by Frank Schnittger
Thu Dec 21st, 2017 at 10:44:17 PM EST
As Brexit rapidly recedes from the front pages of European newspapers I imagine that problems specific to N. Ireland will induce an even greater yawn in everyone outside Ireland and nerdy political and diplomatic circles. Never mind that problems specific to the Irish border have already effectively meant that the UK has had to concede continued regulatory alignment with the rules of the Single Market and Customs Union post Brexit in phase 1 of the Brexit talks. This in turn rules out the Canada plus, plus, plus option and means the UK will effectively remain within the European Economic Area, whether it realises or not.
Phase 2 talks will now focus on how this can be dressed up as some sort of "bespoke" deal different in name, but not in kind, to continued membership of the Customs Union and Single Market. It never made sense for the UK to leave its largest and closest market behind. The Plus, plus, plus, part will relate to improved market access for financial services, aviation, and radiological products in return perhaps for continued cooperation on fishing quotas and environmental matters. This is the sort of 'horse trading' the EU has always been good at.
Many will, of course argue, that this sort of a "soft" Brexit isn't very much of a Brexit at all: but here the very vagueness of the referendum wording will come to May's aid. The UK will have, formally, left the EU and its aspirations to ever greater political union, and even Brexiteers spoke of the need for continued access to the single market. Net immigration is coming down in any case, and there is nothing to prevent the UK introducing some kind of immigrant registration system which can give the appearance of greater control. The UK might even be allowed to negotiate its own trade deals with countries not on the EU's own priority list for new FTAs provided that the same benefits will also be applied to the EU on a 'most favoured nation' trading basis.
Even the vexed question of ECJ jurisdiction can be finessed by setting up a joint arbitration court as contained in the Canada FTA, provided it does not apply to EU citizens or products and services within the EU. The UK government can present itself as operating as "an equal partner" to the EU even if everyone knows the reality will be that the UK will have to "align" with single market rules and regulations without having a more than consultative role in their amendment and promulgation. Diplomatic wording can smooth over many anomalies.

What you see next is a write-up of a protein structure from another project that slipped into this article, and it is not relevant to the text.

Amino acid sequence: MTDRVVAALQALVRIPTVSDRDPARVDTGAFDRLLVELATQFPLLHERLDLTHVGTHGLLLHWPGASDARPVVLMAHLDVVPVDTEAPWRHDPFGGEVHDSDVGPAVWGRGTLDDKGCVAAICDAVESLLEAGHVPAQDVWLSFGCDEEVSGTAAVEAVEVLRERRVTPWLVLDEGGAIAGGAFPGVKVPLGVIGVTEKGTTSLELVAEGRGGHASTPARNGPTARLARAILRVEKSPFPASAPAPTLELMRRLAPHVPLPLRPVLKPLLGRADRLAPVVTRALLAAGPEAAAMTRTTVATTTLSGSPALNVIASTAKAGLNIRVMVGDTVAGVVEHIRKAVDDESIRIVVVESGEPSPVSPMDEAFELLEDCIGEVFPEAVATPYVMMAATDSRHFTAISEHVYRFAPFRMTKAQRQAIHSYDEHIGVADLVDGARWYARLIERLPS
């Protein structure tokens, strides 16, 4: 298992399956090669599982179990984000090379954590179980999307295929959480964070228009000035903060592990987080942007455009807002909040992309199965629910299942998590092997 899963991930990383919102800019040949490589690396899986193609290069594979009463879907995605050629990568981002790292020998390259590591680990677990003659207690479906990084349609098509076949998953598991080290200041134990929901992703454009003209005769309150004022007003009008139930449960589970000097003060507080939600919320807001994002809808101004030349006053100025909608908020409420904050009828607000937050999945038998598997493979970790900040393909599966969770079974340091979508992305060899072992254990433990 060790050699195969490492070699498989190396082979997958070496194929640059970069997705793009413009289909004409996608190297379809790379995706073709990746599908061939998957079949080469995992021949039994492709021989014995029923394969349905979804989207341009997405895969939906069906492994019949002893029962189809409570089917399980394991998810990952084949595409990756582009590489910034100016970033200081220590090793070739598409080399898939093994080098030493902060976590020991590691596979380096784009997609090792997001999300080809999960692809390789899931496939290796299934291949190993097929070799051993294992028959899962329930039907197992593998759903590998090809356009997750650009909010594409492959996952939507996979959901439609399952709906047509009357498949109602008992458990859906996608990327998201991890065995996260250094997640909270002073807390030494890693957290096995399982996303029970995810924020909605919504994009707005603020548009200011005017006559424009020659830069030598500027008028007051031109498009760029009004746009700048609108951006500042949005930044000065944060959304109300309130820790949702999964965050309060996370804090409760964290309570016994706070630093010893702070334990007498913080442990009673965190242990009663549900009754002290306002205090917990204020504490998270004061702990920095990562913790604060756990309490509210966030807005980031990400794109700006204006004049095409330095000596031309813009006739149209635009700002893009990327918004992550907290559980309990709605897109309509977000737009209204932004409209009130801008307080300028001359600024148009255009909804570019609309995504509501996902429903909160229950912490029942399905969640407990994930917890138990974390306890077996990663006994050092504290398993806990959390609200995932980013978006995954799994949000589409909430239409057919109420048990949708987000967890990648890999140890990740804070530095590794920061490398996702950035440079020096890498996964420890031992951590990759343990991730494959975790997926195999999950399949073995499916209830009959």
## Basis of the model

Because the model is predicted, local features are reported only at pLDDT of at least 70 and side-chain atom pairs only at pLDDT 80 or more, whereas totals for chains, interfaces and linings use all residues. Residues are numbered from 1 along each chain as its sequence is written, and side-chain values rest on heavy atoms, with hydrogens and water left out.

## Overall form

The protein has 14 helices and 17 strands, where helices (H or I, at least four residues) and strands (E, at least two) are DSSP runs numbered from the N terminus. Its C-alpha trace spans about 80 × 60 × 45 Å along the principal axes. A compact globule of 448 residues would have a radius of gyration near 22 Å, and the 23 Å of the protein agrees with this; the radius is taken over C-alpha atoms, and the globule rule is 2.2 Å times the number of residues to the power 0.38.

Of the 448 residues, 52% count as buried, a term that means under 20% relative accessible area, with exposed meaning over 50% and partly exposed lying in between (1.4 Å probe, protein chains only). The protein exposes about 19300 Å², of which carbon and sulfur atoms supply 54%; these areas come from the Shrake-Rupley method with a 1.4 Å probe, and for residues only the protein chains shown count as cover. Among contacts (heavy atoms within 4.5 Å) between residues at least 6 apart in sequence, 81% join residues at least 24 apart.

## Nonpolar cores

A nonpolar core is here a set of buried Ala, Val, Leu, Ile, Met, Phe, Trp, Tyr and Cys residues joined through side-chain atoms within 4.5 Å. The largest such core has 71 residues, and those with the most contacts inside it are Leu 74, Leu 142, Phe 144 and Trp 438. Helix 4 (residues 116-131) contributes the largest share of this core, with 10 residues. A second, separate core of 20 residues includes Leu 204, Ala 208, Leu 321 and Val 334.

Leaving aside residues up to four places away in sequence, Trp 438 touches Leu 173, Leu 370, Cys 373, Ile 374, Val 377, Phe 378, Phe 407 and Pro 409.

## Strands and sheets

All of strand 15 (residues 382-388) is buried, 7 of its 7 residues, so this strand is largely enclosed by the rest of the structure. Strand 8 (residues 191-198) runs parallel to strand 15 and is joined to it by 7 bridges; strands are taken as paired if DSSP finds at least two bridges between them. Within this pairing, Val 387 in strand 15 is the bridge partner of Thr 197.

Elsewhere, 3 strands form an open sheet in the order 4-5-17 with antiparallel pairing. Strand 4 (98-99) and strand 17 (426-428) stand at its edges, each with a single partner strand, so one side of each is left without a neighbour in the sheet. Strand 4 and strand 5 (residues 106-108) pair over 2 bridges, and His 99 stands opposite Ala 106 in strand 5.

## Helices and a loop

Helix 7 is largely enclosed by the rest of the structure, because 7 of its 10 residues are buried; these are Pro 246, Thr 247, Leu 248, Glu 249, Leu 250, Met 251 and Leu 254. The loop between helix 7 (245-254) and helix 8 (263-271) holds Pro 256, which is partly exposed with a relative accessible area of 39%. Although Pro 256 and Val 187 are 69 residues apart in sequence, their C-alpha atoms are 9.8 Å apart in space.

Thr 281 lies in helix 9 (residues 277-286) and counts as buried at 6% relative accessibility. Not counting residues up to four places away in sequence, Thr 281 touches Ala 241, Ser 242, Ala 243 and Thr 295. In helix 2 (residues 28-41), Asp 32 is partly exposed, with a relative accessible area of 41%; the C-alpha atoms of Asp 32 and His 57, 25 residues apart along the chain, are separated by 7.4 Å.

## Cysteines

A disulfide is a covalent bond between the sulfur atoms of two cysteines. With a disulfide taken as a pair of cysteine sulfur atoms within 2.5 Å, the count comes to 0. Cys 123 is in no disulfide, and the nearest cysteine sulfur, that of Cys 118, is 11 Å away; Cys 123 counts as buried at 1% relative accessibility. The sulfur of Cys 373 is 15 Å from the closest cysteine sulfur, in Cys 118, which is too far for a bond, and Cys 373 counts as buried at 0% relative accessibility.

But the impact of Brexit on Northern Ireland and Ireland refuses to leave the front page, in Ireland at least. DUP politicians have been quick to accuse Varadker and Coveney of being "insensitive", inexperienced, and even "aggressive" in their assertion that there can be no return to a hard border in Ireland and that it is up to the UK to come up with a solution to ensure that that is the case. Accusing Coveney of being "aggressive" is reminiscent of Denis Healey's comment that being criticised by (then UK Foreign Secretary) Geoffrey Howe was like "being savaged by a dead sheep".
It is hard to imagine a less aggressive person. All Coveney is doing is articulating a mainstream view that the Good Friday agreement must be protected from the impact of Brexit. To this end he has been putting pressure on both the DUP and Sinn Fein to reconstitute the N. Ireland Executive after a year of paralysis since the last Assembly elections. The negotiating atmosphere in the North has been soured by first, the "Cash for Ash scandal", then by a series of perceived slights against the nationalist community by the DUP, and then by the already poisonous impact of Brexit.
The latest unionist commentator to weigh into the controversy is Irish Times columnist Newton Emerson:
A likelier explanation for the Government's behaviour is that it is thinking only of Brexit - Coveney linked Brexit to Stormont in his RTÉ interview.
If there is no Northern Executive in place to manage regulatory alignment, Dublin has an obvious and urgent interest in stepping into that role. Most trade and Border issues are not devolved, and hence are within British Irish Inter-governmental Conference's [BIIGC - One of the three core institutions of the Good Friday Agreement] remit.